My dad liked to walk up the hill on our farm. Even in his late 80s and 90s he did it almost every day. I used to joke with him, as he said so many times, “I think that hill gets steeper every year.”
Well, as the years go by, I get what he meant. Yesterday, my friend George, his grandson, Brent, and I hiked up Doubletop Mountain in the Catskills. We all know that the mountain hasn’t changed, but in the last three or four years I have. I climbed that peak on the far end of Dry Brook out of Arkville the year I turned 70. It is one of the peaks that are over 3500 feet at their summits and is part of the Catskill 3500 Club challenge.
Maybe it wasn’t me. After all, the temperature was in the upper 80s, the black flies were swarming like kamikaze pilots and a 14-year-old who was in a hurry to get to the top led the way. Maybe I shouldn’t have told him there was a lake on the summit with a nice sandy beach. Trouble is, he believed me, and with youth on his side, he hardly slowed down even wearing a black sweatshirt with the hood up.
When we climbed this mountain a few years ago, we ran into several inches of snow once above 3000 feet, making it a bit more difficult, but not yesterday. Trust me, snow would have been a blessing, as I trudged my way to the top.
Unlike many of the 35 high peaks, Doubletop has no marked trail to the summit. Three or four years ago there wasn’t even a herd path up through the timber. We just started climbing, picking our own way up the ridge, finding an easy through the ledges until we got to the top.
Yesterday after parking at the trailhead we headed up on an old, abandoned, often washed-out road until we came to the base of the mountain. There is a plywood cutout of a bear leaning against a tree where we would start our ascent. I was surprised by some orange flagging on the tree. I was also amazed that there was a trail created by the many people who have climbed the mountain. Actually is was an unmarked herd path that led us right to the summit.
But, the hike is long and very steep in many places. Once at the top we found the canister where we signed in, indicating we had completed the climb. It took us three hours to get to the top. There we had lunch with a nice cool breeze that kept the flies at bay.
Doubletop as well as Graham Mountain are unlike the rest of the 35 high peaks. They are on private land owned by the Gould Family. When I looked on the internet for the GPS coordinates for the summit, I saw a notice that all Furlough Properties were off limits to hikers and any trespassers would be arrested. So, I made a couple of phone calls.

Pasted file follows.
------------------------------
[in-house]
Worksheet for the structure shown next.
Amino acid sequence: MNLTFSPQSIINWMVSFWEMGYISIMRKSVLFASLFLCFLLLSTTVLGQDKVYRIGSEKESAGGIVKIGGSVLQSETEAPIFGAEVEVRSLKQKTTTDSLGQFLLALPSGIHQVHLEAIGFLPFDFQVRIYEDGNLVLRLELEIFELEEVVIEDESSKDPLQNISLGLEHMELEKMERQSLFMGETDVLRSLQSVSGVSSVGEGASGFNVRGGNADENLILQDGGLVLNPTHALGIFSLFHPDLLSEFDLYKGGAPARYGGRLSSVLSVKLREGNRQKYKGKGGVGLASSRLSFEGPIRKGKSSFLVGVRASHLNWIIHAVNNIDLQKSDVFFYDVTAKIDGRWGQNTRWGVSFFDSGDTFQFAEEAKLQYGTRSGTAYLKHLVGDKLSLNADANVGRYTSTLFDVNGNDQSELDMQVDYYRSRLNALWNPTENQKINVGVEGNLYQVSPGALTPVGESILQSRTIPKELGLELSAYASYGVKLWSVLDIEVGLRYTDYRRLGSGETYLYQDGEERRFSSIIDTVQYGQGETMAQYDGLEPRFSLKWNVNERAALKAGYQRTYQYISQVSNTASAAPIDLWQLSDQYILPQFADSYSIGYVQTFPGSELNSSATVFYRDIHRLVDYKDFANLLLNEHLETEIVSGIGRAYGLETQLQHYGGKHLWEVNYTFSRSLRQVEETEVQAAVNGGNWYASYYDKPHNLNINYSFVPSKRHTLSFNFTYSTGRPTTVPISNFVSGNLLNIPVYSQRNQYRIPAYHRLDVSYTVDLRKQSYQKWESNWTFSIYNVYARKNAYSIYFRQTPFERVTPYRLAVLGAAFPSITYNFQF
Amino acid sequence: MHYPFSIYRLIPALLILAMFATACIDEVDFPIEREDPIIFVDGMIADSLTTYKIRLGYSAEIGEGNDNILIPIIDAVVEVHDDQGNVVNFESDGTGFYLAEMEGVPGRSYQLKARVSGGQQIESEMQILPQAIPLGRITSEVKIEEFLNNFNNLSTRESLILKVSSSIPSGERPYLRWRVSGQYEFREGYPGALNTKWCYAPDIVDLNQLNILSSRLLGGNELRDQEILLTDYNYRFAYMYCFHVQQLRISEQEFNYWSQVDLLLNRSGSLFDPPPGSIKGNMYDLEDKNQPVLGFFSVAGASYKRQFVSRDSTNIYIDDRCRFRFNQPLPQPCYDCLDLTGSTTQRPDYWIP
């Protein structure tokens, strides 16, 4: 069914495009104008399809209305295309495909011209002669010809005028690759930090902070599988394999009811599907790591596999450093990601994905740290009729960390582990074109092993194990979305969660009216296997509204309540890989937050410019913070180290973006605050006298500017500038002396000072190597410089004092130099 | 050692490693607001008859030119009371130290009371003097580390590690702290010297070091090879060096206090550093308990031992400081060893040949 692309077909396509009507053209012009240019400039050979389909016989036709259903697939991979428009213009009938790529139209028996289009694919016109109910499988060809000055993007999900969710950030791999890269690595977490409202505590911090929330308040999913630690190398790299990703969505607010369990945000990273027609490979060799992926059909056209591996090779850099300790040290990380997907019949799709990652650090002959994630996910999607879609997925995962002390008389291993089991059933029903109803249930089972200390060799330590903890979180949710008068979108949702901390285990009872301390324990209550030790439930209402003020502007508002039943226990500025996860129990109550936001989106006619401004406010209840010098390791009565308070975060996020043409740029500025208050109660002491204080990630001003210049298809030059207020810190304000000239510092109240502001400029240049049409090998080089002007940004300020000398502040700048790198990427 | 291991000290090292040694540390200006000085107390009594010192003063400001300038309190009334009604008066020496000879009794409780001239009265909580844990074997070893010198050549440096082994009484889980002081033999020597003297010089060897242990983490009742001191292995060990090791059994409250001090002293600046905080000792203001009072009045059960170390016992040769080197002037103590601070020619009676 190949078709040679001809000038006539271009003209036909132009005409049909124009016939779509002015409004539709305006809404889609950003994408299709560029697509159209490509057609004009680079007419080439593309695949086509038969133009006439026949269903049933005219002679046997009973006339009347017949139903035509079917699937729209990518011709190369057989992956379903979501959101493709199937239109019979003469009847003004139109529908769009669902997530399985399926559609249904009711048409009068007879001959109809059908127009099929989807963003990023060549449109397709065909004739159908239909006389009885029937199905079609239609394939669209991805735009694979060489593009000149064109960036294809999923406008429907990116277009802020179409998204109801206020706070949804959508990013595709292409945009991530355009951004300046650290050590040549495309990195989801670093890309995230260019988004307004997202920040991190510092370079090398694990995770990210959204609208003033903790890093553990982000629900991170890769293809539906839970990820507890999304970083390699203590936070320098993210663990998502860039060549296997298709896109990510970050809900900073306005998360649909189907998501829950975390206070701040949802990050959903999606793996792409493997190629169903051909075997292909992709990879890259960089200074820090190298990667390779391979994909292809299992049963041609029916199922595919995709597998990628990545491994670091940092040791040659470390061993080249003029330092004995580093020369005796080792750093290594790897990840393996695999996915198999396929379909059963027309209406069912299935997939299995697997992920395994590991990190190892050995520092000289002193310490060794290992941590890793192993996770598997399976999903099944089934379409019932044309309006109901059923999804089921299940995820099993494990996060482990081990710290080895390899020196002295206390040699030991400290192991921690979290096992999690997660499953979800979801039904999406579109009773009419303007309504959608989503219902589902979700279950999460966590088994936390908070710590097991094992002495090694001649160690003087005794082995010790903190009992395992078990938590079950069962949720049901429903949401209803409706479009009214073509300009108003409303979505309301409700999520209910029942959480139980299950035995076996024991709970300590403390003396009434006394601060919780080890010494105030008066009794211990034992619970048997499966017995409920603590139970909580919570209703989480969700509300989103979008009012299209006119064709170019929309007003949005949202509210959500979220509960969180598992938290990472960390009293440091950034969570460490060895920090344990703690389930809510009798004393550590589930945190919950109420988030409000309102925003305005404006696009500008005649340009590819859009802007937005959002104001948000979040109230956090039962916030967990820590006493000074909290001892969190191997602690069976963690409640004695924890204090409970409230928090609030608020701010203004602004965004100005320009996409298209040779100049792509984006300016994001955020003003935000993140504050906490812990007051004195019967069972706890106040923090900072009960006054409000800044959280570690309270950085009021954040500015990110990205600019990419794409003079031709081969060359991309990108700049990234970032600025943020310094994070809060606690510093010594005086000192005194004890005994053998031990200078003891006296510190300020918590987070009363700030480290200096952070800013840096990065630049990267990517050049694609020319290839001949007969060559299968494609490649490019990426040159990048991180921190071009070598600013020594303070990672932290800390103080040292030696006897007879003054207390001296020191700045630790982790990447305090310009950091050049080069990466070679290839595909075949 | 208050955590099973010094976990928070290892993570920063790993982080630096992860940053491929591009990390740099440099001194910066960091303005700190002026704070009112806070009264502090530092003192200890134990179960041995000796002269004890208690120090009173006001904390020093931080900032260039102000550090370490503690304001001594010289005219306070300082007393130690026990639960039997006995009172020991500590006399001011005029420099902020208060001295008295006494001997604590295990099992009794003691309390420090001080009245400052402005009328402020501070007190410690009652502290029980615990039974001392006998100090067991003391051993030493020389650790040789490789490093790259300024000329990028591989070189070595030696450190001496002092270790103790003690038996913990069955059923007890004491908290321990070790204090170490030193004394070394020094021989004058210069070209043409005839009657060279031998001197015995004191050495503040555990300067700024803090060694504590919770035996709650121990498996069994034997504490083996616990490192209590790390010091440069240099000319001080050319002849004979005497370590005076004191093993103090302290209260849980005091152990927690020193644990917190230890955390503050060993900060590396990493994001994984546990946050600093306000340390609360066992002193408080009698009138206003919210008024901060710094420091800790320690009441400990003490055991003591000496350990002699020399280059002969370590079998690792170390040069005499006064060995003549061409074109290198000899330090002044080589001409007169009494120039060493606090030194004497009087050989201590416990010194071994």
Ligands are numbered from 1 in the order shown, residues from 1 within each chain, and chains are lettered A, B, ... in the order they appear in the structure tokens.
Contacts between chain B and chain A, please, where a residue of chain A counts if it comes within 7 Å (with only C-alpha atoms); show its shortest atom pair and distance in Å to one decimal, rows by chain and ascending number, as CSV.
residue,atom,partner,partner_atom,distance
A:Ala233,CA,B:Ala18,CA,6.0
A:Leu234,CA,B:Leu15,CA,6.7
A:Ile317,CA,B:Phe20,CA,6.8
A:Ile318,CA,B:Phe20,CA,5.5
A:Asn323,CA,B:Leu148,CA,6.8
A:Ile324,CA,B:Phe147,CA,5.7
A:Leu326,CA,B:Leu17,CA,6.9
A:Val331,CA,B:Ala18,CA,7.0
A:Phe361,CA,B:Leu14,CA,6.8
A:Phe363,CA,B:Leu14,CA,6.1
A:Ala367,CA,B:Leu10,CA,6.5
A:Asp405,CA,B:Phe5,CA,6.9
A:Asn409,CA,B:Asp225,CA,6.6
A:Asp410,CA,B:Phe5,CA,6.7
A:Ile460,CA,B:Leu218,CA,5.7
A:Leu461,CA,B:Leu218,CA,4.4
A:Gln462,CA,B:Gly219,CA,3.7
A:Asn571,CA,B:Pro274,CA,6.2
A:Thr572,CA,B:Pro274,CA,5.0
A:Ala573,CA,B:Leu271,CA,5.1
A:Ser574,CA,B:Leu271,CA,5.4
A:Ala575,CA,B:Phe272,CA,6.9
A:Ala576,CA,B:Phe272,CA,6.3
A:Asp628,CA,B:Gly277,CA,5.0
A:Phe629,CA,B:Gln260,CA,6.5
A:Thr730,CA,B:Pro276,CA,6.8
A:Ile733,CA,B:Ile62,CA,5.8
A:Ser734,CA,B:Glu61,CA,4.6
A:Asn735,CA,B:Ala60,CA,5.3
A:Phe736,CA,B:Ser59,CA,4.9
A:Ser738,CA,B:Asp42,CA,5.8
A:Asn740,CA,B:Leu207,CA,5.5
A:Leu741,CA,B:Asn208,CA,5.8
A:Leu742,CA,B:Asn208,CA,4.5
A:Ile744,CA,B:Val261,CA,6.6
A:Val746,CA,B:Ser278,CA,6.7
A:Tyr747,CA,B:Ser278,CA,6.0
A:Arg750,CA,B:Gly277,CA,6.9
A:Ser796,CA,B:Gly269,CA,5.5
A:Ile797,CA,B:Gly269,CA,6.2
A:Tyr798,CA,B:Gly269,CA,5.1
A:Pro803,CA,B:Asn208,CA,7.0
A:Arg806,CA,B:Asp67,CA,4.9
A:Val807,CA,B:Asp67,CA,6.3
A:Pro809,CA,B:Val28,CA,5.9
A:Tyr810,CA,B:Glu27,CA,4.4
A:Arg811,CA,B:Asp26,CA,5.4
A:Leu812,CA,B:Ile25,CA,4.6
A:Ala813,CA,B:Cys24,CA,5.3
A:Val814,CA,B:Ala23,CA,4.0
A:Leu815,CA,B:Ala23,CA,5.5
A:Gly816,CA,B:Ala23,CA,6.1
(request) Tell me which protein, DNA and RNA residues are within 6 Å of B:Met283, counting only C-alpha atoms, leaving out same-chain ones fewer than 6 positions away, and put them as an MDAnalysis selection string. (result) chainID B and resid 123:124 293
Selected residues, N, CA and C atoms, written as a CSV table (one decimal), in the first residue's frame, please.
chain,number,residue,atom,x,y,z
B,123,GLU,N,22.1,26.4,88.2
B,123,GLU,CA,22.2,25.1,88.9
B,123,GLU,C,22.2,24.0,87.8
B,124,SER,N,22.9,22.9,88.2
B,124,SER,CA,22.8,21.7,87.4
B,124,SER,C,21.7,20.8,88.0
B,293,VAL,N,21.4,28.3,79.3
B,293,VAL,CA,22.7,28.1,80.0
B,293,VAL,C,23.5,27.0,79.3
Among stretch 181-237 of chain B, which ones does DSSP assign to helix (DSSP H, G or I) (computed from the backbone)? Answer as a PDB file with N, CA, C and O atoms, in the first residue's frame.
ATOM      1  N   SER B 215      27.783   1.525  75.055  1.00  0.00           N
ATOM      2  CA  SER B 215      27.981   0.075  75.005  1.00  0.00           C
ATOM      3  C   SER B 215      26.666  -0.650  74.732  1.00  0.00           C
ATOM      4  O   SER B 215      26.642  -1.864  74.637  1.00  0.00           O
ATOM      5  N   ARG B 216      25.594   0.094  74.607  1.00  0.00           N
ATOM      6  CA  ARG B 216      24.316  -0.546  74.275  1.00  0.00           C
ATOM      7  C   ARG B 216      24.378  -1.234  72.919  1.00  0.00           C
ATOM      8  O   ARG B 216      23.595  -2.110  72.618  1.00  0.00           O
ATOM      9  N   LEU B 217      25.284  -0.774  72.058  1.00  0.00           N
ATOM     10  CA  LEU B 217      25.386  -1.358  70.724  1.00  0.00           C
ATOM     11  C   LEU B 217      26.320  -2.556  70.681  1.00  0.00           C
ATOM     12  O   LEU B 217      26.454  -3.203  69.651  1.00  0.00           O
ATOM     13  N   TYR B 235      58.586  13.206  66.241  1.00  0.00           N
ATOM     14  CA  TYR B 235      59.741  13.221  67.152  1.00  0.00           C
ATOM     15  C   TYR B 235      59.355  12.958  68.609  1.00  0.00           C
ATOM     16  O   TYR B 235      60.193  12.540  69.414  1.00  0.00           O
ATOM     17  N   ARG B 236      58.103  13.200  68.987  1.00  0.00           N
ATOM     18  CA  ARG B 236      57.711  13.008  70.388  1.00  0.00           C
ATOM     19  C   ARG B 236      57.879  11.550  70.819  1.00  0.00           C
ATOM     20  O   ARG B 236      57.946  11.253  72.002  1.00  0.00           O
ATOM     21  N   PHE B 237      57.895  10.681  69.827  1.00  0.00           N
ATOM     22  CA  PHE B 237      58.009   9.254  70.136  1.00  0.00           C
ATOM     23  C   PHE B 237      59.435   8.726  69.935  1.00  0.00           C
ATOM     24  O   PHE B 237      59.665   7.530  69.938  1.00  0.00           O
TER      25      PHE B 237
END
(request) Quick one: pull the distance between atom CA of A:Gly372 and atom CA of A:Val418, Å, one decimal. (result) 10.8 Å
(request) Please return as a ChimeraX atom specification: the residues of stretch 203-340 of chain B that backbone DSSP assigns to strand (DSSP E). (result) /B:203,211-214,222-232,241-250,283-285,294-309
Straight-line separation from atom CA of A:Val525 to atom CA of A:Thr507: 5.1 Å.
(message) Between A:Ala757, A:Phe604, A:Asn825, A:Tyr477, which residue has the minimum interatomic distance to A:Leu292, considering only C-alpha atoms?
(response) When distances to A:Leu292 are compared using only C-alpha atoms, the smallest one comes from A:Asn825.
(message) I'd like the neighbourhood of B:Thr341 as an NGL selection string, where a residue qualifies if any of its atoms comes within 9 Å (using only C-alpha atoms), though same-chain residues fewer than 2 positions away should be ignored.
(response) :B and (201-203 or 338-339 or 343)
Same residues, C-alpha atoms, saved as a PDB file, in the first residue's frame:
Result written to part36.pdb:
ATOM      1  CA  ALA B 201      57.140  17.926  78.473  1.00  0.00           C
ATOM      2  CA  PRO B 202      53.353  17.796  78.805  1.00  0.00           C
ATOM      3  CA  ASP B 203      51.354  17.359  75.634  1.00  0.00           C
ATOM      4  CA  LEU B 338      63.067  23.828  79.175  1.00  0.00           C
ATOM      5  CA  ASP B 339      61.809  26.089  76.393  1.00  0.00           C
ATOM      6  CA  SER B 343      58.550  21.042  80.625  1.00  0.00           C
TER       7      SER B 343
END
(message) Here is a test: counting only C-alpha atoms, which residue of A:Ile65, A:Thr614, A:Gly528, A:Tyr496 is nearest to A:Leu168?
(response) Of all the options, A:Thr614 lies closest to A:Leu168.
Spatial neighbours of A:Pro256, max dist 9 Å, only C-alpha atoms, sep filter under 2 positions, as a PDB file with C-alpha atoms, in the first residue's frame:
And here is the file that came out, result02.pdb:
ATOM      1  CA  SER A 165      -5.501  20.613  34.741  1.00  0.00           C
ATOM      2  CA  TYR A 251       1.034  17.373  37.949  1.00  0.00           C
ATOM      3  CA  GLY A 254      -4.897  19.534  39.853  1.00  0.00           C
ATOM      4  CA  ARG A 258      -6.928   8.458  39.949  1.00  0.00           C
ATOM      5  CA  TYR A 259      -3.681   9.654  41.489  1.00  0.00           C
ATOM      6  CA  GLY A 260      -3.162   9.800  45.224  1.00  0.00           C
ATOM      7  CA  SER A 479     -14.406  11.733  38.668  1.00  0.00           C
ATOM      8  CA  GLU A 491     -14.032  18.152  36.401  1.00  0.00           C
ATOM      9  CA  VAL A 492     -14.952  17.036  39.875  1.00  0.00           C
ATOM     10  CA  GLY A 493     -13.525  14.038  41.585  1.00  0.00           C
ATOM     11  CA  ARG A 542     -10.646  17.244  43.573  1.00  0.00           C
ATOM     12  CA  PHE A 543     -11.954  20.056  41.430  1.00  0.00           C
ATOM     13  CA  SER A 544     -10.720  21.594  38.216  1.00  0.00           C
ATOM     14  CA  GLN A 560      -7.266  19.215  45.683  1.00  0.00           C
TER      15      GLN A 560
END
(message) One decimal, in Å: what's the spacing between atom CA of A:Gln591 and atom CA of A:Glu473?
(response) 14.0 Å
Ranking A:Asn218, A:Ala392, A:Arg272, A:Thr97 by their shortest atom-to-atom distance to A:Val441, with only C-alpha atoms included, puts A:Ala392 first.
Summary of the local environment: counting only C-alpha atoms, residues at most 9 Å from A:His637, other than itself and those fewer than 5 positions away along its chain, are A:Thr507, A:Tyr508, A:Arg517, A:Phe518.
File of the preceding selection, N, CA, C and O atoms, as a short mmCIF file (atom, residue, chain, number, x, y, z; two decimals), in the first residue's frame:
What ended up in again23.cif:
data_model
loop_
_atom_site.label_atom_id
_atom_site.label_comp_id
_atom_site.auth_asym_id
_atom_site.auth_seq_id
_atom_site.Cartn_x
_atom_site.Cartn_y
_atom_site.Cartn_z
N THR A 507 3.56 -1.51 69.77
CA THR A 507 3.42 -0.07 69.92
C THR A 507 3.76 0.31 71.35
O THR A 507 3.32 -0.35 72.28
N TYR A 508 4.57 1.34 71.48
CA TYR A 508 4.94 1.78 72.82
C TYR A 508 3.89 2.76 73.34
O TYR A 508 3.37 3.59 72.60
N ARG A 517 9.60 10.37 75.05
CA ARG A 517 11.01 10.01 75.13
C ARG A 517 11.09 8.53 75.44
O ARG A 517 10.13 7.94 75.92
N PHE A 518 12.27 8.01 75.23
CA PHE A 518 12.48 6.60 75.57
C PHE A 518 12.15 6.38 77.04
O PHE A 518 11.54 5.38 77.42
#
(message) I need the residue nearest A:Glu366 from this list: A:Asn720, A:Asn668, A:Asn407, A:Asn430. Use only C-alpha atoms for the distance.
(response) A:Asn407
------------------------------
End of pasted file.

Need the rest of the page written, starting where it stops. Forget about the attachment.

It has always been the practice to call the Property Manager to get permission to hike on their property. But, it was discovered that large groups of 20-25 were hiking without permission and leaving trash along the trails. I was told that permission would be granted to small groups of local people for the time being. Luckily, those of us from Otsego County were considered local.
I called Bill Feidler, the new property manager, and was told the new rules – small groups, leave no trace and stay on the main herd path – and was then granted permission. Bill can be reached by calling 607-221-1279. He usually responds by text, so if you are using a land line, please let him know.
When people misuse the property of others, things like this happen. It is important that all of us obey the rules and leave the property as good as we find it. I did bury two bunches of toilet paper and picked up a mylar birthday balloon that obviously flew in from somewhere down the valley.
I realize that this was my first hike of the season, and I was completely out of shape, but I will eventually want to climb Doubletop again. Let’s all do our part, so we don’t get locked out of this mountain treasure forever.